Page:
The Next Step

I did it.  I sent a letter to someone who may be able to help me figure out what to do next with the manuscript to my first novel, namely .epublishing.  If this doesn’t light a fire under my butt, I don’t know what will.  Why am I finding this so hard to do?  I guess it’s the fear of rejection, or worse, being ‘graded’ badly.

An out and out ‘no,’ we can’t publish your book, (via the traditional route of querying my manuscript), wouldn’t be as bad as not selling more than ten copies of my ebook (all to my family, no doubt).  To me, going to the trouble to create an .epub version of my book and then failing to sell it would be like getting a C minus in class.  After A minuses and even a few A’s, I’m spoiled on getting good grades.  My most recent university class, I did not perform as well as I should have.  Yes, I’m an honours student, which sets the bar higher than usual.  So, after taking off to Hawaii and missing three classes, I wasn’t surprised to get only a C plus on the midterm (my lowest grade in twenty years, by the way).  Then, in addition to missing the copious amounts of notes needed for the midterm while in Hawaii, I found out I’d missed the handing out of assigned essay topics as well.  With only two weeks to go until the essay was due, all the best books were gone from the library shelves, and I found the essay topics uninspiring.  I scrambled to put together the paper, and I received a B plus, but my professor’s remarks said he found it a “very disappointing final paper.”  Of course he did, so did I, for that matter.  I like to get A’s, and I’m sure he expected more from an honours student.  His disappointment still stings, and my B plus grade overall is the first time I haven’t got an A since the 2007 school year.

Maybe it seems crazy to care this much about grades, but I’m habitualized to measure my success this way.  So I hesitate to want to put my work out there to be graded, even though it is a necessary part of sharing my work, and hopefully making some money to fund future time spent writing more novels.  Time to stop thinking about it, and just do it.  The time is going to pass anyway.  If this post seems filled with too much angst to be written by a grown up, I did admit to my mother the other day that despite being due for one, I’m way too immature to have a mid life crisis.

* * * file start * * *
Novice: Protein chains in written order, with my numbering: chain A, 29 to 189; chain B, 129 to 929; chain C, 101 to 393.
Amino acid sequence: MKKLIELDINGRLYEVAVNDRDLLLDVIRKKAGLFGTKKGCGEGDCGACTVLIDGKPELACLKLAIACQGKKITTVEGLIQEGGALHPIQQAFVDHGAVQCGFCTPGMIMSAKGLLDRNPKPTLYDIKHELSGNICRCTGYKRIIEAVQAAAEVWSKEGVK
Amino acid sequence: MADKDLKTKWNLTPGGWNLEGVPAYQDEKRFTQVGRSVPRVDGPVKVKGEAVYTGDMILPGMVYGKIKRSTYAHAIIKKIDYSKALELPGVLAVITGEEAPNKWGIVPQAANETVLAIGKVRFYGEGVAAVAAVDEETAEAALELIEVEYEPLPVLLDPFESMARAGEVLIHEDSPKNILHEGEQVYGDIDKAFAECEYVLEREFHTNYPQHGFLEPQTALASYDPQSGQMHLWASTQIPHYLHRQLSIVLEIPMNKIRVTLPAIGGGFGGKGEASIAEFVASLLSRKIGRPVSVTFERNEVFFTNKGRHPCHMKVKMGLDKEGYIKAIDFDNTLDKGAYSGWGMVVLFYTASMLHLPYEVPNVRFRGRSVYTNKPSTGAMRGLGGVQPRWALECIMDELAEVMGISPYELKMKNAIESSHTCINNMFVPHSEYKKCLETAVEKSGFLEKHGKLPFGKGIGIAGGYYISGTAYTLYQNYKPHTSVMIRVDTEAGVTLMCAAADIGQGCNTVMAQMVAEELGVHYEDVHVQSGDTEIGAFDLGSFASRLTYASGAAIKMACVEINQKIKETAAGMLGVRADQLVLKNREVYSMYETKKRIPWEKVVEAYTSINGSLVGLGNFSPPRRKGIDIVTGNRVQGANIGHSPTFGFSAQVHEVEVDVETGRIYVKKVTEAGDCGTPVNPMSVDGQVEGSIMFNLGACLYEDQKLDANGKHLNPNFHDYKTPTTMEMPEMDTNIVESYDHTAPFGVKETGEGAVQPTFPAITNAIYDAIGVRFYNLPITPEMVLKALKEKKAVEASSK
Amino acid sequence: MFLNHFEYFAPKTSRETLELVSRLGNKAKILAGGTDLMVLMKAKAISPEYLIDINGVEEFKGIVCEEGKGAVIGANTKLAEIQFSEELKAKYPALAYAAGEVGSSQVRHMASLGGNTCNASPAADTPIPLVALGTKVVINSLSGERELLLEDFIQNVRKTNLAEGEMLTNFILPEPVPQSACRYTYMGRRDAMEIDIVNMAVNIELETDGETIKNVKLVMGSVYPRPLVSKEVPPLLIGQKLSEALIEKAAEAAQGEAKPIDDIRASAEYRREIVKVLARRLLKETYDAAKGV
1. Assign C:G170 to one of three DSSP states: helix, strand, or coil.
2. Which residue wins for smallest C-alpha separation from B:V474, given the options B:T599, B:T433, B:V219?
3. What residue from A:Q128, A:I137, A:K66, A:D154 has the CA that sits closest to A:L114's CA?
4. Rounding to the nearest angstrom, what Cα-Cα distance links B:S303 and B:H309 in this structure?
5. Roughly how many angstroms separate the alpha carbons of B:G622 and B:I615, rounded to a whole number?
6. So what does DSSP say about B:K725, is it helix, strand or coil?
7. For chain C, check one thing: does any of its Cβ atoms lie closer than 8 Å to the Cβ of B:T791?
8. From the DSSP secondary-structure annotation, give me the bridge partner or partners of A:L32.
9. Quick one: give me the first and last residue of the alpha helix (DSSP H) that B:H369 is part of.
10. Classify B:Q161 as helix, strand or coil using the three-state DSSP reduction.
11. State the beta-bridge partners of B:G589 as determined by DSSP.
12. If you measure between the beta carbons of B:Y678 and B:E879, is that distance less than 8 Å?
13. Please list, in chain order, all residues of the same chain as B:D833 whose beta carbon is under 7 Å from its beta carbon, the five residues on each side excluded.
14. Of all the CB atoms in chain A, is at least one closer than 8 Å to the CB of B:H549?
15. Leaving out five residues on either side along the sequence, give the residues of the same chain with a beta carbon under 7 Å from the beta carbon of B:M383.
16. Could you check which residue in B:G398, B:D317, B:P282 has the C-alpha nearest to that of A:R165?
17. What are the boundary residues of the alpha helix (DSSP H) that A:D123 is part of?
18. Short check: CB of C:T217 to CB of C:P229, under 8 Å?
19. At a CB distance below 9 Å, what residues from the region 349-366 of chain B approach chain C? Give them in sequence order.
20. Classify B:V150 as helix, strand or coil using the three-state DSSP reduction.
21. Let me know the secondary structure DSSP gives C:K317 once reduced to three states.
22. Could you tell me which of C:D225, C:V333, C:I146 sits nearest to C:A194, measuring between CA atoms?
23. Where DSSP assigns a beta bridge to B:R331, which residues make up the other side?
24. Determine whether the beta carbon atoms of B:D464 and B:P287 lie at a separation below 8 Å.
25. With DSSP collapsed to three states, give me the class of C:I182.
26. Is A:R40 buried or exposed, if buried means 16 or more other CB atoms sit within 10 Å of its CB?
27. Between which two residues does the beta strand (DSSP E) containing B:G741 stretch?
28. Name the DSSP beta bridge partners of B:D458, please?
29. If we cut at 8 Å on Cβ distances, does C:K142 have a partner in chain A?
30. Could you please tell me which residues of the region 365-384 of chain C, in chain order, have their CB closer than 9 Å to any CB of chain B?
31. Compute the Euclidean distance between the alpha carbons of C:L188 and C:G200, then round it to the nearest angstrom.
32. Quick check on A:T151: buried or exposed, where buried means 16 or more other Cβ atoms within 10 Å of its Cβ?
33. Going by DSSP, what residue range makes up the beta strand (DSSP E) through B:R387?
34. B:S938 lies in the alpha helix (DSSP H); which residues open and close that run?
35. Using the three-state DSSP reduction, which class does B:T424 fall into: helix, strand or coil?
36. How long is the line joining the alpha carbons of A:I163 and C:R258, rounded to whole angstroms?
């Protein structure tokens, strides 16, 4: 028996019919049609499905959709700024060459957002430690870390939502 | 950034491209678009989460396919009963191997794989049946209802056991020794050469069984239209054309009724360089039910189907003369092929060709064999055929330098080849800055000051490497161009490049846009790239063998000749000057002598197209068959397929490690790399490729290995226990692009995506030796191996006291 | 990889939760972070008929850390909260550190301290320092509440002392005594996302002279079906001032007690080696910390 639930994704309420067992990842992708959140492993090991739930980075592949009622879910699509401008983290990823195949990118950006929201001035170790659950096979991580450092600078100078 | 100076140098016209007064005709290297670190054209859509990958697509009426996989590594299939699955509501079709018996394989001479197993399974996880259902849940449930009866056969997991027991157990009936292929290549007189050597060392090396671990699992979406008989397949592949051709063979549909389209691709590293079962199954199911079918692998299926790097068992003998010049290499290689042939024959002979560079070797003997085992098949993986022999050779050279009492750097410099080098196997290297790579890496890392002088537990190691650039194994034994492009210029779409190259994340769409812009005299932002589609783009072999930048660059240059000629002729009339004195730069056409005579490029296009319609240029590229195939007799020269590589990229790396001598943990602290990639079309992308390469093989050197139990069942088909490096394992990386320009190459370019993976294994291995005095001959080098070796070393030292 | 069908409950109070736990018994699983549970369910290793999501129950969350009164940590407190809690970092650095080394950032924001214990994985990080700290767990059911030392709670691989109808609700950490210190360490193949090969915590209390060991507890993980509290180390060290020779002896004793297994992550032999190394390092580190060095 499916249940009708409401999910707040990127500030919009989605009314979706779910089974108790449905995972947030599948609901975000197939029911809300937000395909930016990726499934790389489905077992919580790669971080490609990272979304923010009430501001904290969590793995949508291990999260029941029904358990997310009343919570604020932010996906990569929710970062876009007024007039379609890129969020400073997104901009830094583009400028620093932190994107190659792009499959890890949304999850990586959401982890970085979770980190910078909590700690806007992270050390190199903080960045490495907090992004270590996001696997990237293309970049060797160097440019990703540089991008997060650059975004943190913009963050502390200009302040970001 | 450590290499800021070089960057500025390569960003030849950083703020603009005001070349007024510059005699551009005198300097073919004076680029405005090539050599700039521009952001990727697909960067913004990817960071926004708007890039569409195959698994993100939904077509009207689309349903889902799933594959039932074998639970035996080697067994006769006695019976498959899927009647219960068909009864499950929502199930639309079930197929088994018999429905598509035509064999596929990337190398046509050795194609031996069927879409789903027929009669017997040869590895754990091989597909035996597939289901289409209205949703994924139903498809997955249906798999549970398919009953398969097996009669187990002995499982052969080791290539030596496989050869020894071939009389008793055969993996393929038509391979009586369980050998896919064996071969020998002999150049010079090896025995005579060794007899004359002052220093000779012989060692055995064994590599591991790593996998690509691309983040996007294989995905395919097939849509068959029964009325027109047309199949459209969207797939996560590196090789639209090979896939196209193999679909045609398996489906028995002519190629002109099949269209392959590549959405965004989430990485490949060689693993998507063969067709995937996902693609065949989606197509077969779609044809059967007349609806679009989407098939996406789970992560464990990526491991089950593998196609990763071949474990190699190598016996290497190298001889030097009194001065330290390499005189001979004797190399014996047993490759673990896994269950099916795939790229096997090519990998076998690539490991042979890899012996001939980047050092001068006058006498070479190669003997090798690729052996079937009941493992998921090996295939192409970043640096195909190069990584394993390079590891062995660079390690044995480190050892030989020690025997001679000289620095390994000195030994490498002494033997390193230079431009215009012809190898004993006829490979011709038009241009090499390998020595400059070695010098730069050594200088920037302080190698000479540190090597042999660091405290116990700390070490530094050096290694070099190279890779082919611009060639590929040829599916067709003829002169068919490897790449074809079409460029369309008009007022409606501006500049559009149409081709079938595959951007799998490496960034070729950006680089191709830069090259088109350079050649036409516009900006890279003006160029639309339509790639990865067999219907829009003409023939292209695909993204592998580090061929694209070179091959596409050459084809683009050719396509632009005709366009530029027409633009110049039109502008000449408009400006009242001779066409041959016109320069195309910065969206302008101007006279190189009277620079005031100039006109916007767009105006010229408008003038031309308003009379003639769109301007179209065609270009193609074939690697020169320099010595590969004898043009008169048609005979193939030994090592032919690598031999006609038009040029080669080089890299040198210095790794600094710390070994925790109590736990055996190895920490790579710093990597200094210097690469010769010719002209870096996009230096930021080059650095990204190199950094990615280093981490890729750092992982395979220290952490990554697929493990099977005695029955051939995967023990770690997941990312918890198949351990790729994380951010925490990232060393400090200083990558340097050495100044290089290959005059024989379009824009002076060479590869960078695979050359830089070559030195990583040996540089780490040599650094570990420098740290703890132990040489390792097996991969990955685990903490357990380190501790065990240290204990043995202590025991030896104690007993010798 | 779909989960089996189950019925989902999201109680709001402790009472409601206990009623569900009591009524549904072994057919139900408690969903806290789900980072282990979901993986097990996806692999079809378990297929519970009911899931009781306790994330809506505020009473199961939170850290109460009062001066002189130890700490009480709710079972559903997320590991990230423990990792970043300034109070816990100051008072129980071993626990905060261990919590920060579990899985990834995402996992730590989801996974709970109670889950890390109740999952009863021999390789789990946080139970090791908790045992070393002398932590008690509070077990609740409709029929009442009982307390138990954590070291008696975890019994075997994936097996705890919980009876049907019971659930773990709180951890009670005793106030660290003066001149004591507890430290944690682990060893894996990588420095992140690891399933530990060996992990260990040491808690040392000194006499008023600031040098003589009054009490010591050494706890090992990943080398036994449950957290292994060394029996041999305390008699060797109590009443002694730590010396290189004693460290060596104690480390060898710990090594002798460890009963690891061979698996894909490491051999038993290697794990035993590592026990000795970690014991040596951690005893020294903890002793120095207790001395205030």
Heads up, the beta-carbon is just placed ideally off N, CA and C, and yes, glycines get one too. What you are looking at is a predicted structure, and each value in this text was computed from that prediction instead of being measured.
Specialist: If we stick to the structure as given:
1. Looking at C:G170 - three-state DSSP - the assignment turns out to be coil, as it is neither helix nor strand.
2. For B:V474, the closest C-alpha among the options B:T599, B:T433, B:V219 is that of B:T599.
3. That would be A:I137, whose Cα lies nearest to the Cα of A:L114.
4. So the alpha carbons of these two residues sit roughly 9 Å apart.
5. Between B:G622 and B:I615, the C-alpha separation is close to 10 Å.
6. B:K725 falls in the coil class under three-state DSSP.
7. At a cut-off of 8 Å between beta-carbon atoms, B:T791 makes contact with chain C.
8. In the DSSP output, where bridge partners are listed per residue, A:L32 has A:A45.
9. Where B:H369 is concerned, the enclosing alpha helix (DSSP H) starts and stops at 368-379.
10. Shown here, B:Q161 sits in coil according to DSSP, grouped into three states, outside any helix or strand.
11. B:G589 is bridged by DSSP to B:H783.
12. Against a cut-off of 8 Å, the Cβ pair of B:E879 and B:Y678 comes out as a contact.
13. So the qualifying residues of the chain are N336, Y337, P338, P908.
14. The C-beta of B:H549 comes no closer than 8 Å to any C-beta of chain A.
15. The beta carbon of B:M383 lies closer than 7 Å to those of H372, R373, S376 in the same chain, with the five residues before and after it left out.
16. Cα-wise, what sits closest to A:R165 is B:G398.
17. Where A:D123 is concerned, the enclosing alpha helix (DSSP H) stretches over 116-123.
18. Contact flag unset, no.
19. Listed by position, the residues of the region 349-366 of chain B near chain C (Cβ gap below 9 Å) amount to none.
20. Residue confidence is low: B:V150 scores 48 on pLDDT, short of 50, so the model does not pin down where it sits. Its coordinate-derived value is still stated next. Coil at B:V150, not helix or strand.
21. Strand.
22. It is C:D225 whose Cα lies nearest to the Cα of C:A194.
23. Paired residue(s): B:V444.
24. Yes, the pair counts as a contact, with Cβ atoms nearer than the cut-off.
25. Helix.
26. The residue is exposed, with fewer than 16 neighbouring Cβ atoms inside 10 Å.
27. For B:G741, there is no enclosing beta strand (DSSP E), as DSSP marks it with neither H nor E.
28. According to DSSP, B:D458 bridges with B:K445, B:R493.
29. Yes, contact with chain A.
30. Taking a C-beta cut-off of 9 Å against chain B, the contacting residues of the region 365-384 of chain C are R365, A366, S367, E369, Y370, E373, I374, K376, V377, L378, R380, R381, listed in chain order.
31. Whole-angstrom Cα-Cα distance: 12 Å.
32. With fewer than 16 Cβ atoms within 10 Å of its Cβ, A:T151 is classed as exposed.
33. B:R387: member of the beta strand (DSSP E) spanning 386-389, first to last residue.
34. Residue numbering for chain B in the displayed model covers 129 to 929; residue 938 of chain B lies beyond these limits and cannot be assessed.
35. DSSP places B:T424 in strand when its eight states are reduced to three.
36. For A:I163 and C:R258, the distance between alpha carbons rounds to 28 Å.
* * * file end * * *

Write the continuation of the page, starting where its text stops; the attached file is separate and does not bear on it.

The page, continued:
Filed under Writing

5 responses to “The Next Step

  1. I used to be that way with grades, but it always stressed me out more than it was worth… so I changed the way I looked at things. As long as I try my best with what I’ve got and I’m happy doing what I’m doing, everything will be fine. Also on the subject of books, if you love your writing it shows and other people are bound to love it too. It’s not as easy as some people think for an artist (or in this case) writer to love their work so it’s a good standard to set.

  2. Well said, and you’re right. But old habits are hard to break. Everytime I submit an essay, I wait for the grade. I end up thinking, “It’s either the best thing I’ve ever written, or the worst, or somewhere in between,” and I wait for my professor to tell me, I can’t seem to assess it myself. I guess I have trouble valuing my own work on my own, but I’ve decided to try and push past that, and see what happens. 🙂

  3. I’ve just published my first book on Kindle – and I’m working on my second!

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